59. Veeresha, P., Prakasha, D. G. (2020). A reliable analytical technique for fractional Caudrey–Dodd–Gibbon equation with Mittag–Leffler kernel. Nonlinear Engineering, 9(1), 319–328. DOI 10.1515/nleng-2020-0018. [Google Scholar] [CrossRef]

60. Kumar, D., Agarwal, R. P., Singh, J. (2018). A modified numerical scheme and convergence analysis for fractional model of Lienard’s equation. Journal of Computational and Applied Mathematics, 399(1), 405–413. DOI 10.1016/j.cam.2017.03.011. [Google Scholar] [CrossRef]

61. Veeresha, P., Prakasha, D. G. (2019). Solution for fractional Zakharov–Kuznetsov equations by using two reliable techniques. Chinese Journal of Physics, 60(1), 313–330. DOI 10.1016/j.cjph.2019.05.009. [Google Scholar] [CrossRef]

62. Safare, K. M., Betageri, V. S., Prakasha, D. G., Veeresha, P., Kumar, S. (2021). A mathematical analysis of ongoing outbreak COVID-19 in India through nonsingular derivative. Numerical Methods for Partial Differential Equations, 37(2), 1282–1298. DOI 10.1002/num.22579. [Google Scholar] [CrossRef]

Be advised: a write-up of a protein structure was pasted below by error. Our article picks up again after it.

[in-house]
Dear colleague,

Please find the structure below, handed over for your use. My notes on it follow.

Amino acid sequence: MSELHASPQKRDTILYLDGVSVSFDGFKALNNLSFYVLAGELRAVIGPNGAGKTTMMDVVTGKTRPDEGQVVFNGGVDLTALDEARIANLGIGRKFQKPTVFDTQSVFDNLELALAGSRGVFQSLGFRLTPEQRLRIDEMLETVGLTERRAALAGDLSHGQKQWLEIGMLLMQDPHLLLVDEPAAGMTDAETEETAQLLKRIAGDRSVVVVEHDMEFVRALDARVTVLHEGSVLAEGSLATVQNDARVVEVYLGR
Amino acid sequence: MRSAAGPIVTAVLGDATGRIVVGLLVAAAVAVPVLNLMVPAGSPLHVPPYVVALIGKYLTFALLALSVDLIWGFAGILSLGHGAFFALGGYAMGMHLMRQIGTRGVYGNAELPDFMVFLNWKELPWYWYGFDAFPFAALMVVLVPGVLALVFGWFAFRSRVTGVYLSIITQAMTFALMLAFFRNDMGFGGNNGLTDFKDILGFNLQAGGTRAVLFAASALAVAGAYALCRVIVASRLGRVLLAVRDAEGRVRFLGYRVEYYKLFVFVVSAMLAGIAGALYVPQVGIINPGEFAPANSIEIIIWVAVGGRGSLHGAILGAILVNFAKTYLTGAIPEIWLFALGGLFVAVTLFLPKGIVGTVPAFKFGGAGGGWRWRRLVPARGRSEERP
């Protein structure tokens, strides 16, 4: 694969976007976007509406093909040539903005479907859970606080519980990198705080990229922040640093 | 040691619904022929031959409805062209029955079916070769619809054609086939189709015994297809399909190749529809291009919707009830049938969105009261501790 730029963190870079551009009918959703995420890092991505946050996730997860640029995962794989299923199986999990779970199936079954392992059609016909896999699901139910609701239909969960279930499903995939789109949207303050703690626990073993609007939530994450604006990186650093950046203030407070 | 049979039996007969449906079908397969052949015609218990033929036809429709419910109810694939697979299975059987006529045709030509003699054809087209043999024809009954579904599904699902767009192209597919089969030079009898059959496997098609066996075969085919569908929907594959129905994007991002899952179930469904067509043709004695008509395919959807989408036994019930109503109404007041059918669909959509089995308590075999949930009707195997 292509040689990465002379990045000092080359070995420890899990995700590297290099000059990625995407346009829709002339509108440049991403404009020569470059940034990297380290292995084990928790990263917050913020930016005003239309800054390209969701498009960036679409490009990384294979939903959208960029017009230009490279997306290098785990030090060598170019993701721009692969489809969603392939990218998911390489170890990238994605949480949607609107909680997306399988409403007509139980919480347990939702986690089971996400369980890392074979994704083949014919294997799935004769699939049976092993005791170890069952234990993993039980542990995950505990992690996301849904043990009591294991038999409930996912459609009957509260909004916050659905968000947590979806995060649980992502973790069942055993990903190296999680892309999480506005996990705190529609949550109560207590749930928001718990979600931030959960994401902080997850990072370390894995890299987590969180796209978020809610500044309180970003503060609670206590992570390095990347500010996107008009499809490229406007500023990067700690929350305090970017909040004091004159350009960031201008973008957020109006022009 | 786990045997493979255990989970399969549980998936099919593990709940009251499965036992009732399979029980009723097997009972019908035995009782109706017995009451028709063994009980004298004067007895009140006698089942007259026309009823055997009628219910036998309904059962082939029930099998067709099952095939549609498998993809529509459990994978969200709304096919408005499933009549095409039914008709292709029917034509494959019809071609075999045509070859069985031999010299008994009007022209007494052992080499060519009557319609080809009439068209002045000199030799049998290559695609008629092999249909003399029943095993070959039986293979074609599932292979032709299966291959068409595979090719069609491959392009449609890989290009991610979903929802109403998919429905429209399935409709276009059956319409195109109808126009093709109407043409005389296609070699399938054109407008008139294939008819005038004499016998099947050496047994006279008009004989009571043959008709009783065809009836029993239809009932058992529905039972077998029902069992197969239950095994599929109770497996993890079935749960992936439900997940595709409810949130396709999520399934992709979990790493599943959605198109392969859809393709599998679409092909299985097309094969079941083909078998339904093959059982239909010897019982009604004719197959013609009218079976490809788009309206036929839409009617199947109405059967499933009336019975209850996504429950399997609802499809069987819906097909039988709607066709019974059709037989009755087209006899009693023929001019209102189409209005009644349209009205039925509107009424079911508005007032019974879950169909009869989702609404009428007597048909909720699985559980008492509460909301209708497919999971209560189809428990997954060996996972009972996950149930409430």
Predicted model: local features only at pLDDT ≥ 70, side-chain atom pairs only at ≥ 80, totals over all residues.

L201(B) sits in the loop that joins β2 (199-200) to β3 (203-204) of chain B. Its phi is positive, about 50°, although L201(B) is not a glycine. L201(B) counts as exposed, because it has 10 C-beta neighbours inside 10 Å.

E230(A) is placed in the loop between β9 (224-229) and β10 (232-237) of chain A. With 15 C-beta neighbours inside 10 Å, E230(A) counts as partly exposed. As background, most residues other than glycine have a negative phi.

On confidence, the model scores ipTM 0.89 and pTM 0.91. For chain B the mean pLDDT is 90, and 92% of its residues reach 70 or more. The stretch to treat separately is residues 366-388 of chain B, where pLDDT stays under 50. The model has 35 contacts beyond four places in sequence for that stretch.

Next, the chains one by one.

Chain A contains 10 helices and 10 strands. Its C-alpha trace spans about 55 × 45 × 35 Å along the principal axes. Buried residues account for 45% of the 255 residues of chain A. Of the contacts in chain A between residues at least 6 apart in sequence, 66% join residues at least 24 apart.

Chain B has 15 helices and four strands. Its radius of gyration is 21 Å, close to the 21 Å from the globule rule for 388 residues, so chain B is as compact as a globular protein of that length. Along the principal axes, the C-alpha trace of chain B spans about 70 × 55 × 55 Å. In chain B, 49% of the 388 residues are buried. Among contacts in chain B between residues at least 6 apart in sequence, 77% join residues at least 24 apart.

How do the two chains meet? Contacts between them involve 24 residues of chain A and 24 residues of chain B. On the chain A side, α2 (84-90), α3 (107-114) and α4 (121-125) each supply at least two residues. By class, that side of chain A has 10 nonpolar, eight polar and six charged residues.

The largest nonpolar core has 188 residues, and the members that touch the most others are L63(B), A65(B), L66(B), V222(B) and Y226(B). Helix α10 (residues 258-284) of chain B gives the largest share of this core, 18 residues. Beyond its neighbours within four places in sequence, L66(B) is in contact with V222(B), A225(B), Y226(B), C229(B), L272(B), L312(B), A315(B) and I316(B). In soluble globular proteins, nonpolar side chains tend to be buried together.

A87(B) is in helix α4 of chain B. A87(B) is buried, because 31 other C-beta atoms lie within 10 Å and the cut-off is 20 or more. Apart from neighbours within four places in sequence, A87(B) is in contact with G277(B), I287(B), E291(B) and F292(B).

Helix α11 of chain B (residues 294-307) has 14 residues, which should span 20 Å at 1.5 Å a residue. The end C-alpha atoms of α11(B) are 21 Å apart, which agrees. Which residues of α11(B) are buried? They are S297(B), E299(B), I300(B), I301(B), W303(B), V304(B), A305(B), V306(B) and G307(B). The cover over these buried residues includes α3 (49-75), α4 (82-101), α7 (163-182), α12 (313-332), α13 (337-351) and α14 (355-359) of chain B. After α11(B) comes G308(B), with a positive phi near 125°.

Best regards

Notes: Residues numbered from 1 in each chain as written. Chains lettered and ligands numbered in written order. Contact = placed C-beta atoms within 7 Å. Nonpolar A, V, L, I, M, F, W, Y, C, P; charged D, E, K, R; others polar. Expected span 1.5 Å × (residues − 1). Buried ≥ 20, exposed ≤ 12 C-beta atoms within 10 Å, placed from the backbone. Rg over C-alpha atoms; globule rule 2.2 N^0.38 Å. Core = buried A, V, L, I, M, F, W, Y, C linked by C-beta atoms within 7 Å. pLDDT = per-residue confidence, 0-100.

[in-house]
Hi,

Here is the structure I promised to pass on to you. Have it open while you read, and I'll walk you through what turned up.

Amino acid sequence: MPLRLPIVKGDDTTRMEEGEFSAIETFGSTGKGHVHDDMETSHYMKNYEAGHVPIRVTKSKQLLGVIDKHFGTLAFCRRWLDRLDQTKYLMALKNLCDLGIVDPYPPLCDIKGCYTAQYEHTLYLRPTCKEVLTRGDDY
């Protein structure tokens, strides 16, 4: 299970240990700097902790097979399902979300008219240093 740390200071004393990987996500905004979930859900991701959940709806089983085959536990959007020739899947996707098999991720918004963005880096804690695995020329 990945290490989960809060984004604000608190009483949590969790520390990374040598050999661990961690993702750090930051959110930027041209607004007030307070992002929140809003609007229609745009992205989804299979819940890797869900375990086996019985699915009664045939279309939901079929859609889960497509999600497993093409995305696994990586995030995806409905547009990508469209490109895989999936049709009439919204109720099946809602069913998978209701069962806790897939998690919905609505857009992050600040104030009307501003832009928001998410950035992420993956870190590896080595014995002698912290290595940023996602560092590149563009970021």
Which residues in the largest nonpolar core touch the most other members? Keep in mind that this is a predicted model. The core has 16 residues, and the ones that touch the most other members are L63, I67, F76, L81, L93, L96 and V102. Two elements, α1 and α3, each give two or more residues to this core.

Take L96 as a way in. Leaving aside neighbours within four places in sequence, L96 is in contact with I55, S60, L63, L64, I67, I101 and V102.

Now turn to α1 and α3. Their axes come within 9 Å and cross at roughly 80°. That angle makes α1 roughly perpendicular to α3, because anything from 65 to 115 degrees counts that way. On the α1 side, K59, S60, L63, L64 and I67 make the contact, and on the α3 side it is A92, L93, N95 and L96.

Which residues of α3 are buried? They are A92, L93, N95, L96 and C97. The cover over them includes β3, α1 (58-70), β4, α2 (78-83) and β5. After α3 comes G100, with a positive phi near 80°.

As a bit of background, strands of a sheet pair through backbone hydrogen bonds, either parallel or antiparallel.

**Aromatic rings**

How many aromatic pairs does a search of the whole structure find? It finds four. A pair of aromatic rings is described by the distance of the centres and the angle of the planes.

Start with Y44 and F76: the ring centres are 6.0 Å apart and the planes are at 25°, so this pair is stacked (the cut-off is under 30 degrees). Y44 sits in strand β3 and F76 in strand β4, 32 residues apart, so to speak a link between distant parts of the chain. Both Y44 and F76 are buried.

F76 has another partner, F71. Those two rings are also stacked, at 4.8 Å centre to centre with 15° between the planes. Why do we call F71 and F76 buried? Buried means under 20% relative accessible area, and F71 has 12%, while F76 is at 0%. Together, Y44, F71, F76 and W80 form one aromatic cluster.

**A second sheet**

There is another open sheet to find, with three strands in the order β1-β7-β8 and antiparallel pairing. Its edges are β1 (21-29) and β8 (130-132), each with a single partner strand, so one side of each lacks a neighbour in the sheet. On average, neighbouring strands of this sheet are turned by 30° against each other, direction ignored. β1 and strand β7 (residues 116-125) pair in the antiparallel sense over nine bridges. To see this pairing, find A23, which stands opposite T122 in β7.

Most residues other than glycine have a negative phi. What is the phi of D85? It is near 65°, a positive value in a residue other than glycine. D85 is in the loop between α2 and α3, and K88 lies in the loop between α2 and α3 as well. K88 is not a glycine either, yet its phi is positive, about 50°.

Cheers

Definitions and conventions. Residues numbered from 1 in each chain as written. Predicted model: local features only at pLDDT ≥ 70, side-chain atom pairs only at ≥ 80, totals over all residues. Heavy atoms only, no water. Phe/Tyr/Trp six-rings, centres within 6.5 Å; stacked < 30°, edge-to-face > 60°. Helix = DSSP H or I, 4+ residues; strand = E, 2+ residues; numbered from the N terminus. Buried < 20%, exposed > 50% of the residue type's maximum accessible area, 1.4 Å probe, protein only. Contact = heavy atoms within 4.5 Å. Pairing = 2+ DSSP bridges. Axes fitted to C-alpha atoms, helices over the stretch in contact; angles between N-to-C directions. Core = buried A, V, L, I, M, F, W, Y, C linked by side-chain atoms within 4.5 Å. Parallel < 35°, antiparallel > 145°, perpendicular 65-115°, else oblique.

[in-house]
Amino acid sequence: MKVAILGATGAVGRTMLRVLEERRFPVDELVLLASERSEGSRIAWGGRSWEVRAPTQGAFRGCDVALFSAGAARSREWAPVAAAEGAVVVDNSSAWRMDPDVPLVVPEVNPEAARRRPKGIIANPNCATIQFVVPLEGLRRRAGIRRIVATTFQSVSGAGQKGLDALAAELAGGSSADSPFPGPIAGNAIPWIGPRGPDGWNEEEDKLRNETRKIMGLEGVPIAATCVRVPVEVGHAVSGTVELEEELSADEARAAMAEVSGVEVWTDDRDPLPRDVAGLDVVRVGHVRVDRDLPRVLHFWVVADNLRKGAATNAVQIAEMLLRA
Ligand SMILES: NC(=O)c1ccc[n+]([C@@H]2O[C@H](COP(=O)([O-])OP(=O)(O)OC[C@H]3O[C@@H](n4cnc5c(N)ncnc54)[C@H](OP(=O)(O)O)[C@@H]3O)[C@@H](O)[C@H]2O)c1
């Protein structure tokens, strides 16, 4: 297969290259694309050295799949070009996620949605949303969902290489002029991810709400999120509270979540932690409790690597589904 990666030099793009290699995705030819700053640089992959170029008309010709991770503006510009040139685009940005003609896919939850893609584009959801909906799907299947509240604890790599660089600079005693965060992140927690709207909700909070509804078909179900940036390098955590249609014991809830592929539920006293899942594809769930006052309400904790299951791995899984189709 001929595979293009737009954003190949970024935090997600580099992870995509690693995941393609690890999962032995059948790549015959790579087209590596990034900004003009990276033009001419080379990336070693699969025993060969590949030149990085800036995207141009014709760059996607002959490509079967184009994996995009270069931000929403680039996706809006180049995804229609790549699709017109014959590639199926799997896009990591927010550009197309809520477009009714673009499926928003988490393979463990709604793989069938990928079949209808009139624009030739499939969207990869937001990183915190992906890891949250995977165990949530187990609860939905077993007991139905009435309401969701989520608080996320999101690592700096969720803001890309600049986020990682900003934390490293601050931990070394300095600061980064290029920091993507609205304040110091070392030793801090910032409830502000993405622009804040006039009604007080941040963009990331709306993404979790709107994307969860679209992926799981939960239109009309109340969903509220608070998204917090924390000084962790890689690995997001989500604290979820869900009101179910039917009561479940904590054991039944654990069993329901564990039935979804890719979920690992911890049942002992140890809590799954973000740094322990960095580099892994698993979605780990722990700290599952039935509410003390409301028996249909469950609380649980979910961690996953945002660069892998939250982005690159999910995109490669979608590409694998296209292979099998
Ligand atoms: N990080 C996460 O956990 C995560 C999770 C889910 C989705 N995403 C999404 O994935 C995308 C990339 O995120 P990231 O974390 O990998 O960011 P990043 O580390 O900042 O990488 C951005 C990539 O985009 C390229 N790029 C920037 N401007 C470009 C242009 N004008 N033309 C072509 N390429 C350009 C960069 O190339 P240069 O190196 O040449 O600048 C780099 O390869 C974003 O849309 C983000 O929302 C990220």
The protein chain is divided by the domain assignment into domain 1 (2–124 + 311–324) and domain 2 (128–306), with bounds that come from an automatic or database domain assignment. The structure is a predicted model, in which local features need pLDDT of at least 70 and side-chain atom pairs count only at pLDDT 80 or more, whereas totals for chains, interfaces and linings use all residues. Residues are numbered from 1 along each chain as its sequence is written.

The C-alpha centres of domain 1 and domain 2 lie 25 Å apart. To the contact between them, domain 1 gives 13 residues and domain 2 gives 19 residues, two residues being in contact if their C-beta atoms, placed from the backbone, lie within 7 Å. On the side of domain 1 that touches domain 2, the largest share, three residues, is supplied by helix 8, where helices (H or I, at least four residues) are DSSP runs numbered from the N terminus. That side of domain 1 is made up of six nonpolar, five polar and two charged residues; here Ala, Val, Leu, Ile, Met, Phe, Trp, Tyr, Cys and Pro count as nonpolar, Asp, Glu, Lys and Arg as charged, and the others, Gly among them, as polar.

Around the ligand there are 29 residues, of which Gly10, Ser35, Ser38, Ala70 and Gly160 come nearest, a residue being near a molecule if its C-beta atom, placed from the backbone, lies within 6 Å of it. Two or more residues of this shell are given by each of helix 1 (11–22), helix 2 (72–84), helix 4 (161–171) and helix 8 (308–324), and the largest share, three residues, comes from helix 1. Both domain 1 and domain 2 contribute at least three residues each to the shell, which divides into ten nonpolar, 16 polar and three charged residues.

63. Veeresha, P., Prakasha, D. G., Kumar, S. (2020). A fractional model for propagation of classical optical solitons by using non-singular derivative. Mathematical Methodsin the Applied Sciences, 75(4), 125. DOI 10.1002/mma.6335. [Google Scholar] [CrossRef]

64. Gao, W., Baskonus, H. M., Shi, L. (2020). New investigation of bats-hosts-reservoir-people coronavirus model and apply to 2019-nCoV system. Advances in Difference Equations, 2020(391), 1–11. DOI 10.1186/s13662-019-2438-0. [Google Scholar] [CrossRef]

65. Al-Ghafri, K. S., Rezazadeh, H. (2019). Solitons and other solutions of (3 + 1)-dimensional space-time fractional modified KdV–Zakharov–Kuznetsov equation. Applied Mathematics and Nonlinear Sciences, 4(2), 289–304. DOI 10.2478/AMNS.2019.2.00026. [Google Scholar] [CrossRef]